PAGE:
September 7, 2012
This post marks a bit of housekeeping and, hopefully, a new tradition. 2010 was the first year I began to cover hip-hop music comprehensively without being limited to a certain sector (underground hip-hop, for example) or city (when I lived in Atlanta or other places). (It’s a nice coincidence that 2010 was the start of a new decade as well.) Due to my new job as hip-hop editor for Rhapsody, I listened to every rap album of note, not just the most critically-acclaimed or the ones I thought would fit my personal tastes. My perspective on which artists are the most important from an industry standpoint include quite a few that I normally wouldn’t give attention. These artists are listed in alphabetical order, and shouldn’t be confused with a list of my favorite albums from that year.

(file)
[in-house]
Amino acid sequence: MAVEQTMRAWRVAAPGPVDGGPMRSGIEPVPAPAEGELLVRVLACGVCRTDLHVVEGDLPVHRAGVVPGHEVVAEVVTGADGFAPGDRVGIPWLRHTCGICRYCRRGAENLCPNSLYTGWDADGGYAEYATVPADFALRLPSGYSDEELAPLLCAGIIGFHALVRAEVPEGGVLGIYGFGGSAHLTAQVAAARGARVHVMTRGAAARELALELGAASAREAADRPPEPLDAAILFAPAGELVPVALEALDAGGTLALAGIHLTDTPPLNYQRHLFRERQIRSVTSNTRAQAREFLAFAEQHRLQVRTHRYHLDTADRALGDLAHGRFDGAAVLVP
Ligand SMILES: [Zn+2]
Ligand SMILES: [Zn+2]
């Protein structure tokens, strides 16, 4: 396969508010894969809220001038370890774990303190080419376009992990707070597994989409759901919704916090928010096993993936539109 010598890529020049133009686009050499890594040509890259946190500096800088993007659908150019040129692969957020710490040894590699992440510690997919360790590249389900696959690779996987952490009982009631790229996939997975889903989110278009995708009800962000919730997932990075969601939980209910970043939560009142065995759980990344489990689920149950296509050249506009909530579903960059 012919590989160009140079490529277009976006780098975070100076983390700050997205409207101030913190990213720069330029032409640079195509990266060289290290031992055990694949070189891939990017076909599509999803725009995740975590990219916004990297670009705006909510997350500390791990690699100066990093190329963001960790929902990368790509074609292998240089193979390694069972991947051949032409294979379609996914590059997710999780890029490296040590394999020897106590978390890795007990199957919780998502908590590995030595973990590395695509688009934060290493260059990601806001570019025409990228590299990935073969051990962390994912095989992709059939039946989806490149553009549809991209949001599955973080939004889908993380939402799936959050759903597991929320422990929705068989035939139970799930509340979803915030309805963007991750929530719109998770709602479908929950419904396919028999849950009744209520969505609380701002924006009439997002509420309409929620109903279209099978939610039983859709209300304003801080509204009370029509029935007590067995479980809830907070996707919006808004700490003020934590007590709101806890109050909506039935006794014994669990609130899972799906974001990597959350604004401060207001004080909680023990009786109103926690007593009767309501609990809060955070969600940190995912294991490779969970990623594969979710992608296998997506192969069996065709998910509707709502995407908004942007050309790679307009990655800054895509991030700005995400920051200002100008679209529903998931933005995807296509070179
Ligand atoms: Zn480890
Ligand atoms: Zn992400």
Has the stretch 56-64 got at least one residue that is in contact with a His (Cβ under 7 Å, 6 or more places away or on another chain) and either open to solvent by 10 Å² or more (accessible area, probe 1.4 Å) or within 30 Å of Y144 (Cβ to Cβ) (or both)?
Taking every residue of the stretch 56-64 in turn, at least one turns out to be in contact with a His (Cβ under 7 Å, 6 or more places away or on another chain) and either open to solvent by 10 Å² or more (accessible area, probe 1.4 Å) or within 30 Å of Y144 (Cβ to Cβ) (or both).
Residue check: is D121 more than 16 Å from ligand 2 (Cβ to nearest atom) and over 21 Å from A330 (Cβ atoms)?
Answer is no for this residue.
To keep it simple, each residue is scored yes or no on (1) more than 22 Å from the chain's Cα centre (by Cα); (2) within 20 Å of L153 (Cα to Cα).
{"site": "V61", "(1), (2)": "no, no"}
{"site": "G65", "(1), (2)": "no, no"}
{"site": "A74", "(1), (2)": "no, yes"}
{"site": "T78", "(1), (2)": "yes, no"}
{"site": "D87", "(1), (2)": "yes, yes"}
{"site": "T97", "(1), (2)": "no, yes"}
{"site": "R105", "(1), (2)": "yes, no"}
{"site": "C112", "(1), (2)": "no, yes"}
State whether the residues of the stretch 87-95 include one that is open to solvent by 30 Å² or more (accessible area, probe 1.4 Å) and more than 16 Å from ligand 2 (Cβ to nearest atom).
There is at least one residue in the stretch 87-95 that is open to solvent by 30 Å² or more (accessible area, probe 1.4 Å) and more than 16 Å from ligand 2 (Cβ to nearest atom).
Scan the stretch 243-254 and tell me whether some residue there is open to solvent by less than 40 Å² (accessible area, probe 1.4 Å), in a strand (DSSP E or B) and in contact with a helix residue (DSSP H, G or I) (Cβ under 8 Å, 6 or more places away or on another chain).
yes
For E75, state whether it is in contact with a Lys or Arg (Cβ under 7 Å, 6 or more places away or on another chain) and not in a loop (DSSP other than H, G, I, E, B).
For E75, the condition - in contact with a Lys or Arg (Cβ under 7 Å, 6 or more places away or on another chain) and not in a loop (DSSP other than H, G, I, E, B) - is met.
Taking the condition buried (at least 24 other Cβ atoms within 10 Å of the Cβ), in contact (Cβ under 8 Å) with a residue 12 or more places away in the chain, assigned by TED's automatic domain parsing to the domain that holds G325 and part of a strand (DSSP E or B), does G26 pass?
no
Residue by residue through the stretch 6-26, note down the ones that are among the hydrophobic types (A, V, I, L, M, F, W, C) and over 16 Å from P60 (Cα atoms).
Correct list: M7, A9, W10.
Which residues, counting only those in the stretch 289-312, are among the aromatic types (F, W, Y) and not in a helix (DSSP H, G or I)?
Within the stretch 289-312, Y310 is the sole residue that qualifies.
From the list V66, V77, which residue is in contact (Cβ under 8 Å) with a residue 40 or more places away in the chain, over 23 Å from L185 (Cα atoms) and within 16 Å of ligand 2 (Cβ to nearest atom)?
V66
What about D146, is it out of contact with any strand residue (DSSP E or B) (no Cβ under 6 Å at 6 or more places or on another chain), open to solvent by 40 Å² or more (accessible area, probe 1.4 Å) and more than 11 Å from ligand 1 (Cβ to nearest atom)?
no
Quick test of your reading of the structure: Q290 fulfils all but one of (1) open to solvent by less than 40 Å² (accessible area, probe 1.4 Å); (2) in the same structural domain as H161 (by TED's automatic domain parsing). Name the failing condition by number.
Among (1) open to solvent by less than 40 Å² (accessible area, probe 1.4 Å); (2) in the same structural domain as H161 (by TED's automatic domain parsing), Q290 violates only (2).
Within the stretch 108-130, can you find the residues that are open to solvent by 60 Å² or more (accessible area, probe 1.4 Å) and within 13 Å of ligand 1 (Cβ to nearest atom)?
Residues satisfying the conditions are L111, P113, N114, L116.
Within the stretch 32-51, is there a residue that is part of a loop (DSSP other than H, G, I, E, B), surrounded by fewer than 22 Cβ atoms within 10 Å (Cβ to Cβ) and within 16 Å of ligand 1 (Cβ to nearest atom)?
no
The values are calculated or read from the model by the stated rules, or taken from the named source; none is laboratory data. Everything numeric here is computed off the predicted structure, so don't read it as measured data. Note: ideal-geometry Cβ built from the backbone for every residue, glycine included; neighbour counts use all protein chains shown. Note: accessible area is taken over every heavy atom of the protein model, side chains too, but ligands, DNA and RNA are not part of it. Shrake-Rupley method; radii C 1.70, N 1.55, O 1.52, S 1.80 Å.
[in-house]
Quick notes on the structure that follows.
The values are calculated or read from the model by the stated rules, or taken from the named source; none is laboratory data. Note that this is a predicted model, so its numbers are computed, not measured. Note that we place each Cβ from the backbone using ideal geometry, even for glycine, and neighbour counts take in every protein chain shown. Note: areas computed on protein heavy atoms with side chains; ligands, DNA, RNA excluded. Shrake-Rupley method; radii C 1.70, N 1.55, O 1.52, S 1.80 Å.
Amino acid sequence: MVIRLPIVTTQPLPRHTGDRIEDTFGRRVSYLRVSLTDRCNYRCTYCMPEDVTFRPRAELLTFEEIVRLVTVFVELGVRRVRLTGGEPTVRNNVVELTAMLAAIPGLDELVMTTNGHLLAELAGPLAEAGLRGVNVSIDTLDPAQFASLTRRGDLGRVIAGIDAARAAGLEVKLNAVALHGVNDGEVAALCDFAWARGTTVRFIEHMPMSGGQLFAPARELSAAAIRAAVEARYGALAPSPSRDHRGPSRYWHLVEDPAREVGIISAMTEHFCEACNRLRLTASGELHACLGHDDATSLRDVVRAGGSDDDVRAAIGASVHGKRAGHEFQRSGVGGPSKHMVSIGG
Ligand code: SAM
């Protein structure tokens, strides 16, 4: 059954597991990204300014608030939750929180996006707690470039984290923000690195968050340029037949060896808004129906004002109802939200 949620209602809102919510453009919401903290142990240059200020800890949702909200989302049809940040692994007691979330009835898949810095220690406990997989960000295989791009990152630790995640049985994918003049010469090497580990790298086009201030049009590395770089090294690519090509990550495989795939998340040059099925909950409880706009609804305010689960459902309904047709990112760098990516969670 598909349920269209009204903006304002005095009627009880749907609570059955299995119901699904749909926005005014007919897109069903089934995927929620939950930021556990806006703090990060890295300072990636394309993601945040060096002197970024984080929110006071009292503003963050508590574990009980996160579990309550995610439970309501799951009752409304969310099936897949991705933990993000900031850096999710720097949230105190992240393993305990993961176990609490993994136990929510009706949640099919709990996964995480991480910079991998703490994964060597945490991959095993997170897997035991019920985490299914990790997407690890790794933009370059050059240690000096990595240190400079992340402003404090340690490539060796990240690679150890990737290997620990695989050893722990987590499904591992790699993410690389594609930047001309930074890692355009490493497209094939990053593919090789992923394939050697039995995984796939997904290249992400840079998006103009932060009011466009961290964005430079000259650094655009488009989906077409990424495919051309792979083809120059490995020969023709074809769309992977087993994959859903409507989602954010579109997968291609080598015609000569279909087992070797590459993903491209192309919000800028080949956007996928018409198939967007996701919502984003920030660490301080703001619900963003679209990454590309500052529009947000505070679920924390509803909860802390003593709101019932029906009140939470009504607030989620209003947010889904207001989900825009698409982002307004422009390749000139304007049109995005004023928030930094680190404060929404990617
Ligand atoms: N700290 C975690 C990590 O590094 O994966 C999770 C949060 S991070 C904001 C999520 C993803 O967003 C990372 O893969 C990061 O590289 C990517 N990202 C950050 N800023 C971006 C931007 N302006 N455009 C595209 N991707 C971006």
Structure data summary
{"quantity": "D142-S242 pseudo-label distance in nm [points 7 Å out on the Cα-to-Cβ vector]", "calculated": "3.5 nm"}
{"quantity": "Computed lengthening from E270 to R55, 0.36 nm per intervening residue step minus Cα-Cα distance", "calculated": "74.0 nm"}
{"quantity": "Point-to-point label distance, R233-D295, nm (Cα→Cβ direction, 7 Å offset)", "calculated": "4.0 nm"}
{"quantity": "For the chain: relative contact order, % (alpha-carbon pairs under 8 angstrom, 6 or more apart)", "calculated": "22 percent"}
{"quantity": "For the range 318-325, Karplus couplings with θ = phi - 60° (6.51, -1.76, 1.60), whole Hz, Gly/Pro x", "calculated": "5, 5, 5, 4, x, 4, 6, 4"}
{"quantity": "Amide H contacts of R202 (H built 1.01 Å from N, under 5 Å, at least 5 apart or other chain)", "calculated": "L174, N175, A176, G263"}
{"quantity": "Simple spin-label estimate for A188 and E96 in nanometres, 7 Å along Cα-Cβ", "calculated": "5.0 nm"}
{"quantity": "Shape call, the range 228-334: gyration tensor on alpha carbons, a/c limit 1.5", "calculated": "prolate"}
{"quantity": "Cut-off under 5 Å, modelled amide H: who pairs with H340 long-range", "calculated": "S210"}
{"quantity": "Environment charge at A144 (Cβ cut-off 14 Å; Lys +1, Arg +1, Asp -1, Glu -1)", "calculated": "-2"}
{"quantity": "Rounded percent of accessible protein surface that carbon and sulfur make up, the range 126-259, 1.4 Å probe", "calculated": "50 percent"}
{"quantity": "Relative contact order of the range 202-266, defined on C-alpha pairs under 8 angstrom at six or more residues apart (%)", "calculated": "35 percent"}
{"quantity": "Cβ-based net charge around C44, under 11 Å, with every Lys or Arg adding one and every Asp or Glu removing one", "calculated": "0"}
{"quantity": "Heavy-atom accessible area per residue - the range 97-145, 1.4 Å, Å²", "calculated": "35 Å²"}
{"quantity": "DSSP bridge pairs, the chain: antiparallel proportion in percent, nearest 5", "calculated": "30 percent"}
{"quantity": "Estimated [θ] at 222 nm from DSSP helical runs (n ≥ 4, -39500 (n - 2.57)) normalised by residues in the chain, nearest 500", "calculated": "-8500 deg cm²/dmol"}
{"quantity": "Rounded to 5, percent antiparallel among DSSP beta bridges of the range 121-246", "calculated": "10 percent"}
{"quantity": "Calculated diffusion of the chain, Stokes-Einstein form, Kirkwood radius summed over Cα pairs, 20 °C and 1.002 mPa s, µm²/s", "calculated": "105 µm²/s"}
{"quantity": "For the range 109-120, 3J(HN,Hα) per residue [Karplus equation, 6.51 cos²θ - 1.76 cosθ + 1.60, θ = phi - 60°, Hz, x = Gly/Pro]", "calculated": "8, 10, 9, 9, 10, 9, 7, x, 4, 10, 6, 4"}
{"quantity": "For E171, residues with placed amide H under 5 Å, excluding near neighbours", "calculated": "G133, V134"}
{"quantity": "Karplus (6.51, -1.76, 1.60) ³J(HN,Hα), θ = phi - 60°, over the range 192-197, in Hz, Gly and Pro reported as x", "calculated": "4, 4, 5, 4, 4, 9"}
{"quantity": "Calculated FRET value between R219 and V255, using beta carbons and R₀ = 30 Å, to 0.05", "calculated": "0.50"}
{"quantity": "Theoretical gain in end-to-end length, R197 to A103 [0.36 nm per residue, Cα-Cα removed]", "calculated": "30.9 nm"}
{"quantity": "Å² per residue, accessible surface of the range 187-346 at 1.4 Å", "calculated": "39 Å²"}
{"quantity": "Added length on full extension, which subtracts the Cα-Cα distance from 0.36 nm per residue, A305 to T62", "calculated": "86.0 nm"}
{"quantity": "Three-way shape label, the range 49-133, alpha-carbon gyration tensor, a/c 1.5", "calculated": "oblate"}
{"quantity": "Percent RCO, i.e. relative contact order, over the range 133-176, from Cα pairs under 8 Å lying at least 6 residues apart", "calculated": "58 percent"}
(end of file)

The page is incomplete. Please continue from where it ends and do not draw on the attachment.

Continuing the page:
I’ve learned to grow wary of “top” and “best of” lists after years of making them both privately and for various publications. Eventually, personal bias becomes the point of the list instead of a useful guide to the best of a certain form or art. But a collection of newsmakers and noisemakers seems agnostic enough. Or maybe that’s just a cowardly response to the problem. I didn’t use any mathematical formulas to compile this particular list, so it is still just an opinion masquerading as an objective analysis. It is not a list of the top Billboard sellers from 2010, but a vague yet informed look at the ones who achieved a combination of cultural and commercial impact.
Having said that, these are the 25 noteworthy artists of 2010, along with a brief summary of recorded highlights. Honorable mentions include Lil B, Gucci Mane, Onra, Ana Tijoux, Reflection Eternal, Lloyd Banks, Travie McCoy, and Soulja Boy.
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July 17, 2012
Kanye West, My Beautiful Dark Twisted Fantasy (November 22, 2010)